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Oped: With Trump win comes a test for angry, white supporters
My father, who is now 98, tells a revealing story from his youth in the 1930s, during the Great Depression. He was working with his father — my grandfather — in the blacksmith shop that Grandpa operated in our little East Texas hometown.
Grandpa was the only "colored" man at that time who had a business downtown. In addition to blacksmithing, he operated a gristmill. He would grind corn into meal, take a portion of the product as payment and then sell the meal to anyone who needed it.
One day, while Grandpa was away briefly, a man showed up at the shop. He was a white man and he said he had walked 6 miles from a little settlement nearby hoping to get some cornmeal to feed his family. He told my dad that he had no money just then, but if he could get 10 pounds of cornmeal — 30 cents worth — on credit, he would return the following week and pay for it. My dad agreed to let him have the meal.
The man picked up the 10-pound sack and started to leave. Then he turned back and said, "You know, there's some good colored people in this world. And when we get to heaven, we're gonna make a place for 'em."
In 2000 The New York Times published a lengthy series of stories under the rubric "How Race Is Lived in America." Among the stories was one about relations among workers — black, white, Mexican and American Indian — at a slaughterhouse in Tar Heel, N.C. One of the whites was a fellow named Billy Harwood, an inmate at a local corrections facility who was at the slaughterhouse on a work-release program.
Harwood was depicted as an indifferent worker at best; he always seemed to find a way to do the least work possible.
"He wanted to quit the plant. The work stinks, he said, 'but at least I ain't a (racist slur). I'll find other work soon. I'm a white man.' He had hopes of landing a roofing job through a friend. The way he saw it, white society looks out for itself."
And so it presumably did this past week as white voters, who made up 70 percent of the electorate, voted overwhelmingly for Donald Trump. According to the Pew Research Center, 58 percent of non-Hispanic whites voted for Trump, compared with 37 percent who voted for Hillary Clinton.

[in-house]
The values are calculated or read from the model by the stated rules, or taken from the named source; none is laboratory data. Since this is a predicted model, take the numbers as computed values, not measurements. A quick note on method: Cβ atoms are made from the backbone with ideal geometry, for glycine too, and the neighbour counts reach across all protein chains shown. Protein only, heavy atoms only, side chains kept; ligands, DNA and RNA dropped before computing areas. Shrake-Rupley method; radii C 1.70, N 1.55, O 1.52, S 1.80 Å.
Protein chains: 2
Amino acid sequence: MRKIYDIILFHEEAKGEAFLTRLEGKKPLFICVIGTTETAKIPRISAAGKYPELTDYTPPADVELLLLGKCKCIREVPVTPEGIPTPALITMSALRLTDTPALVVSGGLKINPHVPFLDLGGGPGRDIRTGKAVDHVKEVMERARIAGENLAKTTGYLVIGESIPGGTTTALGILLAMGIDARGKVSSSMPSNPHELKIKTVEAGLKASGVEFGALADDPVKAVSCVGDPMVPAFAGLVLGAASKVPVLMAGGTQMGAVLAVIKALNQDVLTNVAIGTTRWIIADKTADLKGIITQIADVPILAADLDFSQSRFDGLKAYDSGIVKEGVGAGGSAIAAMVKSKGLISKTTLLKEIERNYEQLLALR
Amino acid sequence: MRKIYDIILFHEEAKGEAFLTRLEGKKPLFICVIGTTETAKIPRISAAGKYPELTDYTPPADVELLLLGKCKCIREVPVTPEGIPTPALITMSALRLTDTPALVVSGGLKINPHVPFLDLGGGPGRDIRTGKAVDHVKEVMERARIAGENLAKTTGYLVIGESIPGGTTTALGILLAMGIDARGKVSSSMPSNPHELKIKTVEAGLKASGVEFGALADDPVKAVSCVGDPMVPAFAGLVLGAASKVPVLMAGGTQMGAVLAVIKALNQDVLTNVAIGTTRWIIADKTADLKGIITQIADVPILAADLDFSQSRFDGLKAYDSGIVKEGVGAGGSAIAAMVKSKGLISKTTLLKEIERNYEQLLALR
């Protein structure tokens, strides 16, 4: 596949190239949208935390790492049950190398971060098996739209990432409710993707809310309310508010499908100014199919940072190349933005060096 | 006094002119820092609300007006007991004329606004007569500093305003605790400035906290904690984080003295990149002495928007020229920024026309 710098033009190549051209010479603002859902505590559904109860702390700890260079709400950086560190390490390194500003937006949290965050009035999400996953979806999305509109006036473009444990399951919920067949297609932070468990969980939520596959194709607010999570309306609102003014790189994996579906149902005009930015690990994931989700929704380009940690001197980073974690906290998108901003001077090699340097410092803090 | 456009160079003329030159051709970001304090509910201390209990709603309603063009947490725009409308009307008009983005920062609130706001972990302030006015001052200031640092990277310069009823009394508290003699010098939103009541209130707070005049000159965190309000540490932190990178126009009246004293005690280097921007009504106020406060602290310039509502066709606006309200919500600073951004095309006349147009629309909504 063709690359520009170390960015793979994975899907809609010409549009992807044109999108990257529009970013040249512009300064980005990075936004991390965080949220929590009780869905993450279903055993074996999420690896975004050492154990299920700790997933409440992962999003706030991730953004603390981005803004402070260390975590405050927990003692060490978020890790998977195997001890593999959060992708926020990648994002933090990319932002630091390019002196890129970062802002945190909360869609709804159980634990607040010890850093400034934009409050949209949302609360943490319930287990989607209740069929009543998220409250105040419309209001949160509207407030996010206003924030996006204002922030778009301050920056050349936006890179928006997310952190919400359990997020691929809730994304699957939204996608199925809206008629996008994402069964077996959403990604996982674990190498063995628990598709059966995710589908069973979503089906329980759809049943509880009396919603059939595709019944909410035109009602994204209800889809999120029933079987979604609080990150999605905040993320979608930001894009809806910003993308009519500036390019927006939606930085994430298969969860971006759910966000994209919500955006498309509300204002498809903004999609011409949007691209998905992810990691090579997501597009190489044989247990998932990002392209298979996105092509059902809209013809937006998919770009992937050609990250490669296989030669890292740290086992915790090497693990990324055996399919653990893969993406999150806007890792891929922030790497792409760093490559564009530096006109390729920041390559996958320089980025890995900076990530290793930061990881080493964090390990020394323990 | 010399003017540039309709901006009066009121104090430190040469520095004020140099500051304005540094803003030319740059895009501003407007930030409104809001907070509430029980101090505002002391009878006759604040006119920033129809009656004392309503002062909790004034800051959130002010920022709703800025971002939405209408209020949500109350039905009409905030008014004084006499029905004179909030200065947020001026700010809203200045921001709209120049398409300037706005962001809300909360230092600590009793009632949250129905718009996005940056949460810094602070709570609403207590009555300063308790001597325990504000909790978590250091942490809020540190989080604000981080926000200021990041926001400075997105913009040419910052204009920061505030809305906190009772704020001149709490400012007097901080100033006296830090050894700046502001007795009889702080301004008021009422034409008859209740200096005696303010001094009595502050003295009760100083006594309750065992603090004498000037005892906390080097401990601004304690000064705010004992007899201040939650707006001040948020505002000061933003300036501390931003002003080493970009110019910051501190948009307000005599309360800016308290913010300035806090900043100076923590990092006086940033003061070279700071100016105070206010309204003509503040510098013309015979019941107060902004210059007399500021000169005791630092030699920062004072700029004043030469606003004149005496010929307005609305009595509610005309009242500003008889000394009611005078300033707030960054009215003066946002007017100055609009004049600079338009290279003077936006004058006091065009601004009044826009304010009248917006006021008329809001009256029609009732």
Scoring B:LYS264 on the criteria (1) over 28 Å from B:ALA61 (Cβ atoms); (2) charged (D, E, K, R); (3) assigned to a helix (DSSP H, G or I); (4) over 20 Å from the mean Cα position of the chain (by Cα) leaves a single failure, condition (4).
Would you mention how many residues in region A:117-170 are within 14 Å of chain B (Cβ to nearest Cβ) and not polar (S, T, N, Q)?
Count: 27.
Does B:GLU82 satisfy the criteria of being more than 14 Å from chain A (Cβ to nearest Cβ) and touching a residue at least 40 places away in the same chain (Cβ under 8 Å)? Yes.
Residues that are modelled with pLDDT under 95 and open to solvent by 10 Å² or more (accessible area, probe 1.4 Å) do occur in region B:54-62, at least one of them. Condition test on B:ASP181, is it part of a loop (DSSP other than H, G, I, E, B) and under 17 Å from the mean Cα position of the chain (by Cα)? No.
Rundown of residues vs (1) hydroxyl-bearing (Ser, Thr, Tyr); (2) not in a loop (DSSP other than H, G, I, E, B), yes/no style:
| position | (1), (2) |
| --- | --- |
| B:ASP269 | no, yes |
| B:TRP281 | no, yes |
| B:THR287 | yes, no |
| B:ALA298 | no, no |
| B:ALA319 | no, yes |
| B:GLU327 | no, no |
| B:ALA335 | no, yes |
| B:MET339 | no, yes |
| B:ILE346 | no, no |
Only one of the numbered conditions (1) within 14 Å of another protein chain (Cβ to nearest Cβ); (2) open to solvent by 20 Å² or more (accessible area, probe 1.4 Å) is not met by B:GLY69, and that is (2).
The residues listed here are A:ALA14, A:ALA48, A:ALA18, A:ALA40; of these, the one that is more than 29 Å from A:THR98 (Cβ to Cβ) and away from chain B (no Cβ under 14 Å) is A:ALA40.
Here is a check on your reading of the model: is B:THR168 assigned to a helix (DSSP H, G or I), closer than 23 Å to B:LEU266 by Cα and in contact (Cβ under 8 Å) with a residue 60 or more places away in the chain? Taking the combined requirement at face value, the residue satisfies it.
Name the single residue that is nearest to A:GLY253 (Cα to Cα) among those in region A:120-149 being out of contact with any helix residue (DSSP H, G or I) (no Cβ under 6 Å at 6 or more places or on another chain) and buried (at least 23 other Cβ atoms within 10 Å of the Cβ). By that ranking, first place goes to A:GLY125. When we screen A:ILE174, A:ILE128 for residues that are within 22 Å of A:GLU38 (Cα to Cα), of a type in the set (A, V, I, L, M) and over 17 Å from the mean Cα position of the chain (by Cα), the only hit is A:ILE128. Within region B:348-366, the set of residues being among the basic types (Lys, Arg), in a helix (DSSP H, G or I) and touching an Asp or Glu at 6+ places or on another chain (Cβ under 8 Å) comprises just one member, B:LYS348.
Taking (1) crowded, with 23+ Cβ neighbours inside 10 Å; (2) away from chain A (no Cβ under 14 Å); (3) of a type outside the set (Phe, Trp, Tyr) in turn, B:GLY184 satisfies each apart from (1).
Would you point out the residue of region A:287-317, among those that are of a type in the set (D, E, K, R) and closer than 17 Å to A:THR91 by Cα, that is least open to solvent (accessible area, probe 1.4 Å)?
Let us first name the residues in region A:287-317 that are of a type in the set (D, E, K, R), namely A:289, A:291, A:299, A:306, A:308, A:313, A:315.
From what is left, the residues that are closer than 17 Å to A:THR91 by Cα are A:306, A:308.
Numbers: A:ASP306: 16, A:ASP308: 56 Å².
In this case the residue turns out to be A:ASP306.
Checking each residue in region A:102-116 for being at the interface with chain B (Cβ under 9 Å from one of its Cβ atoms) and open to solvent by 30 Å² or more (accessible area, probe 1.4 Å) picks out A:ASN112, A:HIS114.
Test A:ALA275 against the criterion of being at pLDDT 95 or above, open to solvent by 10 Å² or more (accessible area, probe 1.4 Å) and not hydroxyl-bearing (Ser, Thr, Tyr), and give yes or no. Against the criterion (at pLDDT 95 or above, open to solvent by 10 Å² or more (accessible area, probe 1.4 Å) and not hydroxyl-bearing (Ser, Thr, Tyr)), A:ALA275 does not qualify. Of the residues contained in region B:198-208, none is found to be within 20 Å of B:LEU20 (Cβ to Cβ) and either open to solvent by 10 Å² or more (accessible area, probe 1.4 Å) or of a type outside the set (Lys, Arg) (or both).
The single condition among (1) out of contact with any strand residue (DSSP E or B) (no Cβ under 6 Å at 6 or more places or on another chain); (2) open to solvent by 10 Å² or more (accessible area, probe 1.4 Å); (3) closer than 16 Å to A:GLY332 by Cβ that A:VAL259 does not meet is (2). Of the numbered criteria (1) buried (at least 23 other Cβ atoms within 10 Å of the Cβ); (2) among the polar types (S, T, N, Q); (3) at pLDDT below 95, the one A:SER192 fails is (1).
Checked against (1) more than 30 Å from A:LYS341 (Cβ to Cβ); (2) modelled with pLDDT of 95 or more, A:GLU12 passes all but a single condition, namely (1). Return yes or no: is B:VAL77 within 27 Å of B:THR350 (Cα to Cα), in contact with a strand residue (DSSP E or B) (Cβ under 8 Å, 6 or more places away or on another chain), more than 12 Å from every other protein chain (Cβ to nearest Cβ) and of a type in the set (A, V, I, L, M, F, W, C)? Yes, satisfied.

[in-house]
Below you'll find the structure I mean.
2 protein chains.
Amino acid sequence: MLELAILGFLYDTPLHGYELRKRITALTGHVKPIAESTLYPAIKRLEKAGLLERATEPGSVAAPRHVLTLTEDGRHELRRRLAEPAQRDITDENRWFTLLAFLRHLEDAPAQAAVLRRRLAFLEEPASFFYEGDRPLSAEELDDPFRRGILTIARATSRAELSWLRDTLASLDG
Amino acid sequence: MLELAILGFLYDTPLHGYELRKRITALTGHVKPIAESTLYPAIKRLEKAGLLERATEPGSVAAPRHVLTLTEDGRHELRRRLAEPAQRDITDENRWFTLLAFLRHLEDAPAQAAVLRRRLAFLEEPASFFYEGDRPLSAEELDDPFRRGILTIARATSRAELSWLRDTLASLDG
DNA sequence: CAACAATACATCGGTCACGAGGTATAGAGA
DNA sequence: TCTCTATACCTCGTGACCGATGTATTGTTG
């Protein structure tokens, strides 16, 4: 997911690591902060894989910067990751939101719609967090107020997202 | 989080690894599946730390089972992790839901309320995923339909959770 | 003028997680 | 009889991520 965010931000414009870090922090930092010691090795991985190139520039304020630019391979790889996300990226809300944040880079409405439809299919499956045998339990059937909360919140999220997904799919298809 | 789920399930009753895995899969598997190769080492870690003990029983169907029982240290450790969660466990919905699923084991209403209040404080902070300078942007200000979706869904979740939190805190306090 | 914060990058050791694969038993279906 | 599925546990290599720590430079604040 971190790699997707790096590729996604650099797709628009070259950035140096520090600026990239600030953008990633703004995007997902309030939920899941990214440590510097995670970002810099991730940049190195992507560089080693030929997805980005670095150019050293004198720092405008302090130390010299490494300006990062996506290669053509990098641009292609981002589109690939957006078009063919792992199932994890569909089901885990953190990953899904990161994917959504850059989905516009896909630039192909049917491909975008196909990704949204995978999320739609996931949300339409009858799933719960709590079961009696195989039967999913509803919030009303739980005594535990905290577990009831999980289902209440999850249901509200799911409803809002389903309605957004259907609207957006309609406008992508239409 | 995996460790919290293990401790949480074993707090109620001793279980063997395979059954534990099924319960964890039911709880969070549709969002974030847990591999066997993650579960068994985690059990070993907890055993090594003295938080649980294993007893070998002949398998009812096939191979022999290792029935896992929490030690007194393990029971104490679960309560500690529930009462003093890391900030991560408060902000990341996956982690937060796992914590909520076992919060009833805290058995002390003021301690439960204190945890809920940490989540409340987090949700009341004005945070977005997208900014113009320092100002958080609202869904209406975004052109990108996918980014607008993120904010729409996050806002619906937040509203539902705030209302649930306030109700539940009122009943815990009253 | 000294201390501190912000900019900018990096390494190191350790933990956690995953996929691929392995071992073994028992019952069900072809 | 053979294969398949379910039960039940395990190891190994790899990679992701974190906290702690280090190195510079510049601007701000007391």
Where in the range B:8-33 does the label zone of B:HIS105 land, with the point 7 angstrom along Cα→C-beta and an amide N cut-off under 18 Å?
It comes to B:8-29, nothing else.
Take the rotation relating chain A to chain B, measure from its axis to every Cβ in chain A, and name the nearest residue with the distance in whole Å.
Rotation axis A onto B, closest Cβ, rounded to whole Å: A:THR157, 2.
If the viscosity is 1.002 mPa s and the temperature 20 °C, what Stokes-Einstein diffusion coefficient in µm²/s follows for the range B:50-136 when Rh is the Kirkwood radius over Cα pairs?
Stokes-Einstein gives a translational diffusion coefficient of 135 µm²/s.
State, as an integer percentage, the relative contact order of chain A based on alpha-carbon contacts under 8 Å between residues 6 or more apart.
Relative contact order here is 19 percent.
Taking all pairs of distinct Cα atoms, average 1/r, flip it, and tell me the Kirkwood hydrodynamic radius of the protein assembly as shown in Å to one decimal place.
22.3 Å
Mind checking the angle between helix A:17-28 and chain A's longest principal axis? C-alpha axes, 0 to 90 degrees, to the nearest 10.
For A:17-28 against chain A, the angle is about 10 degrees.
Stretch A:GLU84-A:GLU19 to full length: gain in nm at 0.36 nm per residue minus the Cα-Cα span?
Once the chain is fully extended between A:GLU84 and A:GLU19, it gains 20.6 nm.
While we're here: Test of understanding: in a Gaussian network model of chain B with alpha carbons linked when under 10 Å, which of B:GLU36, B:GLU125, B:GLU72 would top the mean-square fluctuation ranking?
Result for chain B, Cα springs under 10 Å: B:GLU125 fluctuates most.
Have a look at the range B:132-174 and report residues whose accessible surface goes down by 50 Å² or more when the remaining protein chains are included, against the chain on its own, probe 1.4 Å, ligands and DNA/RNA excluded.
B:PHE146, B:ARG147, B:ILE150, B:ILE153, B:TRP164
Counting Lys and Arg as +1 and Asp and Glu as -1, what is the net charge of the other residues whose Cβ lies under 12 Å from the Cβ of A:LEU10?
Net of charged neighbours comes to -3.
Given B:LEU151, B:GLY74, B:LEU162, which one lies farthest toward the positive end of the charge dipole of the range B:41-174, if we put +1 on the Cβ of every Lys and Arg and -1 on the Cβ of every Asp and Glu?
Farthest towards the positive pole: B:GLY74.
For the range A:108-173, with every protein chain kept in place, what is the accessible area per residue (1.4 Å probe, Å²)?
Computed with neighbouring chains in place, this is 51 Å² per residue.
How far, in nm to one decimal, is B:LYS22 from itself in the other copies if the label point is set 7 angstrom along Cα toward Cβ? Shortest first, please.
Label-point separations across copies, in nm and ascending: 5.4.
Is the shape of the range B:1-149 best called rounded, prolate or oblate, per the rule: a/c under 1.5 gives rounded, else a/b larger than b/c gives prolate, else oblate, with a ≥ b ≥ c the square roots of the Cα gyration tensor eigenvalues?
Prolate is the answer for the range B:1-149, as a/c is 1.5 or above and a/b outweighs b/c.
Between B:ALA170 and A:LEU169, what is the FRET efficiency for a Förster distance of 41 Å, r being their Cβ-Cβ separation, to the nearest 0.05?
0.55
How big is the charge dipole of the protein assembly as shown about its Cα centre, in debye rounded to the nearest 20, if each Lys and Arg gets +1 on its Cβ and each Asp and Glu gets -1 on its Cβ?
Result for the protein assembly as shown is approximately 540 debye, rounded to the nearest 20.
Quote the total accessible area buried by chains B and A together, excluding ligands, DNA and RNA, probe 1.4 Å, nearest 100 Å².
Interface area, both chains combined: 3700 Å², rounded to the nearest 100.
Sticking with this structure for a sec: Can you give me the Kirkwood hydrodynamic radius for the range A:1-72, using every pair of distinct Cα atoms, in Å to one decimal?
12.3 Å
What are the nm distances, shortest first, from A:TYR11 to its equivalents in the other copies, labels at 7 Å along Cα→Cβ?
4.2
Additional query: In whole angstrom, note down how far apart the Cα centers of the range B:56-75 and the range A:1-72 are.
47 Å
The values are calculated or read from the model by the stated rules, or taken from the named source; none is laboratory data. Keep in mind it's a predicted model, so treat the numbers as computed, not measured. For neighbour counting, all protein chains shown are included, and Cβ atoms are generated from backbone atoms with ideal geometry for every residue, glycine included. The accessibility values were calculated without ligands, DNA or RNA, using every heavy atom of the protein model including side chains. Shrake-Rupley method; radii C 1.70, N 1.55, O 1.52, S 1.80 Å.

Presumably not all of those Trump voters were motivated by race — or racism — but it would be naive to suppose that none were. Trump was endorsed by the Ku Klux Klan, after all.
Amanda Taub, half of the team that produces The New York Times' "The Interpreter" column, wrote Wednesday that Trump's campaign was powered "at least in part by the dramatic rise of a new kind of white populism" that stems from three kinds of fear: fear of social change (the rise of women, gay rights, religious and demographic change); fear of physical attacks (by terrorists or domestic criminals); and fears born of the "collapse of white identity."
"White, in this context, does not merely mean those with white skin," Taub wrote. "Rather, it means the majority group that has traditionally enjoyed the privilege of being considered 'us' rather than 'them,' both culturally and politically."
She went on to suggest that the collapse of this identity stems from recent developments such as demographic changes brought on by the civil rights movement and immigration policy changes that have fostered a more diverse population.
But as my father's story indicates, white identity has long been a fragile thing — at least for certain whites. In his moment of dire need, that poor white man back in the 1930s couldn't bring himself just to say "Thank you" to a black man who had done him a good deed. He had to salvage some white pride by emphasizing that he had a guaranteed spot in heaven and would, out of the goodness of his heart, make a place for that black man.
And Billy Harwood — "at least I ain't a (racist slur)... I'm a white man" — was expressing views at least a century and a half old. In her book published earlier this year, "White Trash: The 400-Year Untold History of Class in America," Louisiana State University historian Nancy Isenberg writes of how white Southern planters used the concept of white identity to get poor whites, who had no personal investment in slavery, to fight for the Confederacy. This even as those same planters privately trash-talked the poor whites, labeling them in derogatory terms.
Whiteness, it seems, conferred a psychic reward that made up for a multitude of other deprivations, including economic fairness and the respect of their social and economic "betters."
A decent pride is not to be demeaned or looked down upon. No person can be condemned for demanding decent treatment by others and decent, honorable behavior by those who ask for his vote.
Trump's white supporters were said to have felt disrespected by the "elites" who ignored their economic plight and their social anxieties. So angry were they that they gave their votes to a man who was Exhibit No. 1 for boorishness, cruelty and mendacity. One hopes that, four years hence, they feel the trade-off was worth it.
— Don Wycliff is a former editorial page editor for the Chicago Tribune and editor of the book "Black Domers: Seventy Years at Notre Dame.